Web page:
It is exceedingly rare. At the office, we currently have two. They (NDRL: the DPCP) have qualified immunity which was confirmed by the Supreme Court in Nelles v. Ontario. This is where the breach of malicious intent was opened.

These are rare cases, attacking the Crown, precisely because there is relative immunity. So it is done. There are already people who have been compensated in certain cases, but indeed this is not what is most common at all because the crown has discretion and immunity, and does not have to justify its decisions. Of course, this is not the most transparent mechanism.

When was the last time a citizen was compensated?

I can give you some food for thought, but I don’t have the number of specific decisions or the dates.

It seems to me it was Henry v. British Columbia (Attorney General) in 2015 who went to the Supreme Court, but that was about disclosure. Before that, it was Proulx c. Quebec (Attorney General) in 2001 concerning the laying or not of charges. These are two cases that went to the Supreme Court. These are very interesting files; worth taking a look.

So that set a precedent, but are there any similarities with Mr. Camara’s case?

I don’t know at the moment. Of course, Proulx was accusations, and we sued for the filing of these charges, saying that there was not enough to prosecute. There may be some similarities.

Because the question is, with what the crown attorney had, was that enough to clear charges and keep them for six days? This is the main question.

But afterwards, you have to prove bad faith, so it’s not just to prove that the decision is wrong, it is to prove that the decision was taken wrongly on purpose.

The crown is ultra protected. It is the only profession of lawyer which to my knowledge is protected like that.

It means that they have no responsibility that much when a mistake is made, like the one concerning Mr. Camara …

Exact. They are really very, very protected.

Is it worth the energy of a chase?

It depends. We got involved in this battle in two cases, but these are really two cases for which we want to fight.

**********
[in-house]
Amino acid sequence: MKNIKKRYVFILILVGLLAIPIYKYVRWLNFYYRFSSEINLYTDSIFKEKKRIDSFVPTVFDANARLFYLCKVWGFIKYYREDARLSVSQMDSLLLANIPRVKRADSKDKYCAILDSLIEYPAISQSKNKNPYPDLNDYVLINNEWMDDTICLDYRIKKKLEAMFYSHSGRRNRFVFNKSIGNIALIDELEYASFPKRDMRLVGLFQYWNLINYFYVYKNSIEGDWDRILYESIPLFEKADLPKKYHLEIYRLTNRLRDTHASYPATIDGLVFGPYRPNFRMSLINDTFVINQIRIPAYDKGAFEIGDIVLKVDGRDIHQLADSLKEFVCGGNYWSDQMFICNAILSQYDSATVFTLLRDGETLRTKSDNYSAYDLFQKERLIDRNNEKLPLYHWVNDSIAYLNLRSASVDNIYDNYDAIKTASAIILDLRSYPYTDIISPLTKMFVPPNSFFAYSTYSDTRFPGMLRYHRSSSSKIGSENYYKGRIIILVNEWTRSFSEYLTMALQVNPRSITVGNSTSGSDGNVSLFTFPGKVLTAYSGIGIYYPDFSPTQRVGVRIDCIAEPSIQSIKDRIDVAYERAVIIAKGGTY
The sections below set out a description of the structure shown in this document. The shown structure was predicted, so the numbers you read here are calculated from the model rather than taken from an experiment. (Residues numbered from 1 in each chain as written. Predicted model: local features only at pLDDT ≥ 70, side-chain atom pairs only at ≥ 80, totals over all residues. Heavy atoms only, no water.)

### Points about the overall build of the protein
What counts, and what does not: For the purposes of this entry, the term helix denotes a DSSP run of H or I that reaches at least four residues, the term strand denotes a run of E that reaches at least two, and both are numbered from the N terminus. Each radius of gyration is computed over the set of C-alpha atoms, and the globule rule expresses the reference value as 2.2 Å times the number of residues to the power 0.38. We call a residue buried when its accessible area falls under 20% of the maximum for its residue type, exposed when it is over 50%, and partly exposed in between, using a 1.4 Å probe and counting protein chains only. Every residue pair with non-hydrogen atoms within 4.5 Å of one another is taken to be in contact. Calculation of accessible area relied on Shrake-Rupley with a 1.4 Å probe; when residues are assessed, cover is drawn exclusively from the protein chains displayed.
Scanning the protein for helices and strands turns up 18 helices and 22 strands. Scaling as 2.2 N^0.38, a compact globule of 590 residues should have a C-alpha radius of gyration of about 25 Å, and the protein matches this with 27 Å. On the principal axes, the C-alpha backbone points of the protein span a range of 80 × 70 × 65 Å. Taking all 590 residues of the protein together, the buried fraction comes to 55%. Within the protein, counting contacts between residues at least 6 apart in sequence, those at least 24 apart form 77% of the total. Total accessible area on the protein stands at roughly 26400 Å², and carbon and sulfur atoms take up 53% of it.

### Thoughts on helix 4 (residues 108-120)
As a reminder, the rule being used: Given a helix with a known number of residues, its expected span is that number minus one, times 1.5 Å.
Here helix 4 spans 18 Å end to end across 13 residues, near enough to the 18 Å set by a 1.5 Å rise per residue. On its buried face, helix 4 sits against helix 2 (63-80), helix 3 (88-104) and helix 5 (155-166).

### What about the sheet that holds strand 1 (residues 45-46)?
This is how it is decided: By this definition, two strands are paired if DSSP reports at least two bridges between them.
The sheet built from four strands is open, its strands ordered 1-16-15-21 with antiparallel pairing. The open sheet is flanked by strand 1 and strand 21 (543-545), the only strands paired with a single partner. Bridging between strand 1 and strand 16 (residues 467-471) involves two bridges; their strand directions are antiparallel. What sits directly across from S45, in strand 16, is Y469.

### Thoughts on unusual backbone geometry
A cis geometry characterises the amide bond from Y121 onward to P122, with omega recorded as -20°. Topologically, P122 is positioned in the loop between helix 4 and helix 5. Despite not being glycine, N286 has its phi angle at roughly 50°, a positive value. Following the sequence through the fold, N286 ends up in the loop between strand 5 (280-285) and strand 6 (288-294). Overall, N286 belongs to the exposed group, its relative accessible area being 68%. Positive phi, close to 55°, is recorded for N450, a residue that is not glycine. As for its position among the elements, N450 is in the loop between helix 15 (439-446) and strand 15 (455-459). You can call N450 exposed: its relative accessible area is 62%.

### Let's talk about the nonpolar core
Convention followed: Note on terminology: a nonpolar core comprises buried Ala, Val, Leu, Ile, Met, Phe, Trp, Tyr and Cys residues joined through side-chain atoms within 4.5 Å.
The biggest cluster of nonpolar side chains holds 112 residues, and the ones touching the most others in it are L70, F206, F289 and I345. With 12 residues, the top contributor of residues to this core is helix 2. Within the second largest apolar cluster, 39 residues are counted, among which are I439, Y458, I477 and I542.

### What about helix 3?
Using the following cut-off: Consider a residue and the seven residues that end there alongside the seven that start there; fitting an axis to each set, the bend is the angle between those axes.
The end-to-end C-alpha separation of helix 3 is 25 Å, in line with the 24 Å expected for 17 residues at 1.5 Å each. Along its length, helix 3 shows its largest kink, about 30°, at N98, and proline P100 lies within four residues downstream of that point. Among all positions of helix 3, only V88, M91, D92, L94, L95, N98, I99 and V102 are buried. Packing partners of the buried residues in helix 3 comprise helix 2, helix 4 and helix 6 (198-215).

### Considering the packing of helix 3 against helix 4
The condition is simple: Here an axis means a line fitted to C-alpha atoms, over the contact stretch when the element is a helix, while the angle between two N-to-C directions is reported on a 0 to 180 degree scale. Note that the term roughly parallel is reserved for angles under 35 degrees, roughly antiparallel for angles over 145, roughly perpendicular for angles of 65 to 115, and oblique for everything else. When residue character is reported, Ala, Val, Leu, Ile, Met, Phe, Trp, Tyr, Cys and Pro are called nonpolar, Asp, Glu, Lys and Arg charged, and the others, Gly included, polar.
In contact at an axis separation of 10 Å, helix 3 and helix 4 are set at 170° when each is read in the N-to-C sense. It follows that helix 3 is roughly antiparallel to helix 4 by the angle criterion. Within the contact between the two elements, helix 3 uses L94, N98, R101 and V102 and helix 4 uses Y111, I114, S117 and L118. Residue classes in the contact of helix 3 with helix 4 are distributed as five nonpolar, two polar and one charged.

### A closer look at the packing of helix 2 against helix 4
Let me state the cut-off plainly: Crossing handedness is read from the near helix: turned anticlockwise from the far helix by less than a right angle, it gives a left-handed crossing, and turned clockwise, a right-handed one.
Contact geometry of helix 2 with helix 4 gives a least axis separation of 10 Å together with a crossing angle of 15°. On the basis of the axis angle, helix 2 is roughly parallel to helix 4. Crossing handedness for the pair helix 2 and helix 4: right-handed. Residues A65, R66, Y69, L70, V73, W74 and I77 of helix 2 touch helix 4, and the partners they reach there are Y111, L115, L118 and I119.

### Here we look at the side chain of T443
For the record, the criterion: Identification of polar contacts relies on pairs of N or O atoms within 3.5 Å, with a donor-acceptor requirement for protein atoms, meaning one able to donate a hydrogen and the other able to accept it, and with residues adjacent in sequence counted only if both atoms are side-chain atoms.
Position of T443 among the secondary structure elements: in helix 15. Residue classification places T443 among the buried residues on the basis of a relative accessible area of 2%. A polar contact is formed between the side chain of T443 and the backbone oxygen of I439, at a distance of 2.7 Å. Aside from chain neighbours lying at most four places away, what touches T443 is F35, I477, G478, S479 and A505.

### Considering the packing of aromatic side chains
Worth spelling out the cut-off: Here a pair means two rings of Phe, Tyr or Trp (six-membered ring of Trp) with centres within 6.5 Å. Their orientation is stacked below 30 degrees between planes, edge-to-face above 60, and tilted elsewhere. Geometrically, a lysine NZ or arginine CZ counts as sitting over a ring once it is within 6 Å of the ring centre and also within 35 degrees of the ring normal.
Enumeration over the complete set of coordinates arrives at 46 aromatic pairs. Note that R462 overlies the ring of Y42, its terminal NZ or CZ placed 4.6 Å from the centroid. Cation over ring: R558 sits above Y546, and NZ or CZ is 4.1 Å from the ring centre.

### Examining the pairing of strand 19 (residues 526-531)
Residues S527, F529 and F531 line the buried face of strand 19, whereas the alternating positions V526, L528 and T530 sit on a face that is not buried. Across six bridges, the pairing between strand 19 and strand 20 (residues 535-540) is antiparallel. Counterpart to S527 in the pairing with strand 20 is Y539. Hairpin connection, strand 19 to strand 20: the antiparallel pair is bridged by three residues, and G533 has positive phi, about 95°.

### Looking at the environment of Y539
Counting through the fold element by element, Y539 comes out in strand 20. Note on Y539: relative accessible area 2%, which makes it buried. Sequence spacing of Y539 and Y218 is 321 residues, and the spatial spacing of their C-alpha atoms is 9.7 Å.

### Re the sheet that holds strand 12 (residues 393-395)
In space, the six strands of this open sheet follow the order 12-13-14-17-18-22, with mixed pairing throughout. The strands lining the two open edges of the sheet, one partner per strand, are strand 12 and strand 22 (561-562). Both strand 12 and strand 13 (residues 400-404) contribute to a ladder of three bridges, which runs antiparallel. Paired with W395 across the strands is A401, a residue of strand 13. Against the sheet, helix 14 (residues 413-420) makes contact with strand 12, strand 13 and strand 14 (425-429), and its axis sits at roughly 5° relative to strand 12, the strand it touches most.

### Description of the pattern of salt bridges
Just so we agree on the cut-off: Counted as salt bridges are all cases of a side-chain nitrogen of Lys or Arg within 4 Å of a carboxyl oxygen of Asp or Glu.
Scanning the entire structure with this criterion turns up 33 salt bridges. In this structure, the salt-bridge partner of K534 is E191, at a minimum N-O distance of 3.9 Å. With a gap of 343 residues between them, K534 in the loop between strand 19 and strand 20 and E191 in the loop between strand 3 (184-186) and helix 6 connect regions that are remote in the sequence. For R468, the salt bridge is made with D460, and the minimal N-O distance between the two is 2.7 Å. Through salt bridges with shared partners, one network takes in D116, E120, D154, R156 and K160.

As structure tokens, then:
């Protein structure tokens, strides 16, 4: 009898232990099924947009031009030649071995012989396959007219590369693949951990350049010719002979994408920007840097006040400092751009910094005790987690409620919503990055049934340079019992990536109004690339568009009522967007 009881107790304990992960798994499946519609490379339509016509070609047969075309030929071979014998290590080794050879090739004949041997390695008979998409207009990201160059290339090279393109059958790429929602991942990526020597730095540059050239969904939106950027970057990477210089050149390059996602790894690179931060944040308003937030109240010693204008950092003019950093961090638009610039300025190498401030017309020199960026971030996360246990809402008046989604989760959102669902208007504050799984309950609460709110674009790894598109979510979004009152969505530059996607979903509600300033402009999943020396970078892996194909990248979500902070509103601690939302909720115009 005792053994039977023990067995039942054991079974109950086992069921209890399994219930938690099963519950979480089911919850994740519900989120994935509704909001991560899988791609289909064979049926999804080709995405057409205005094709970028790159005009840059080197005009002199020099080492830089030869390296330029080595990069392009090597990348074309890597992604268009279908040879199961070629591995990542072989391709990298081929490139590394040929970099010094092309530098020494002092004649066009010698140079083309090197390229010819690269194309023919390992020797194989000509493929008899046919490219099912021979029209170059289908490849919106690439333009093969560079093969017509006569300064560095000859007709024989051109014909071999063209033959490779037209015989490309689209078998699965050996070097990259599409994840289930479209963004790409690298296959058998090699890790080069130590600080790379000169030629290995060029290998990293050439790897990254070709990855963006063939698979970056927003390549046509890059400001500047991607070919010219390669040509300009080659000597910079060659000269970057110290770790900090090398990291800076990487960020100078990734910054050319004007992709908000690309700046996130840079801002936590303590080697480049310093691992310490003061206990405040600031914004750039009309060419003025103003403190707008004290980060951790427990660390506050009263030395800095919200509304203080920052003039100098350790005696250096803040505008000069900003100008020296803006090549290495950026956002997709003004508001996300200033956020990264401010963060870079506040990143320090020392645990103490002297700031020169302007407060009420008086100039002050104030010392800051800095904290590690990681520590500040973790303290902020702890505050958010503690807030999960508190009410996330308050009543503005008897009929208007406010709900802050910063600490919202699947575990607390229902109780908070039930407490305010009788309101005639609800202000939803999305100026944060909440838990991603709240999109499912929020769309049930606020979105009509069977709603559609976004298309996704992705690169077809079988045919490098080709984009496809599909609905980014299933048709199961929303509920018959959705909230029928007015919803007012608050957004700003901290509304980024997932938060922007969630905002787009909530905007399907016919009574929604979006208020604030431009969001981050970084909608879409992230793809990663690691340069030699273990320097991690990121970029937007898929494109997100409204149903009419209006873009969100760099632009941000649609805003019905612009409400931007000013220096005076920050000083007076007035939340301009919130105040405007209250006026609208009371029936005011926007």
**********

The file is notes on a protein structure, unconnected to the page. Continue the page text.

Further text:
We do it, but we are sometimes a little crazy in the files we choose. (Laughs)

In general, you don’t do it if you don’t have a solid case and you’re not ready to fight for the principle.

Because in the Camara case, if we assess that the decision was bad, but we look at the evidence and we cannot prove bad faith, it is certain that we will not get involved in this. It is far too difficult to prove and we are not going to prosecute on purpose for the fun of prosecution. We want to have good records.

In your opinion, should this Crown immunity change?

Well yes, of course, that’s why we “challenge” her. But is that going to change, that’s another question!

We are trying to limit in which cases immunity applies, but it will probably not be in the Camara file that we will do that.

Unless reading the proof, I discover amazing things! Of course, if I have what it takes to do it, we will advise our client, but I will not embark on a lawsuit if I do not think that …

So unless there is something that emerges, the prosecution would be more against the Service de police de la Ville de MontrĂ©al …


On that side, are there any chances?

I haven’t identified all the faults, and we haven’t had time to look at all the evidence yet, so we’re not yet talking about the odds. Of course, if we decide to file a lawsuit, it is because we believe that there are chances, but we are not there yet.

On what basis would he sue?

It depends on the mistakes, but it could be an illegal arrest, excessive force, a botched investigation … I don’t know yet.

And how is he, Mr. Camara?

Well, it’s going as it can! He’s very relieved about how it happened, but he’s still quite upset about what just happened. He was charged in two seconds. It could have been worse.

When we look at the police blunders on the side of the United States …

But even here, there! I represent four families of people who were killed by the police. It happens. We have to face the truth. We’re not the same number, so obviously it’s not as bad as in the United States. But we are not that far from that reality.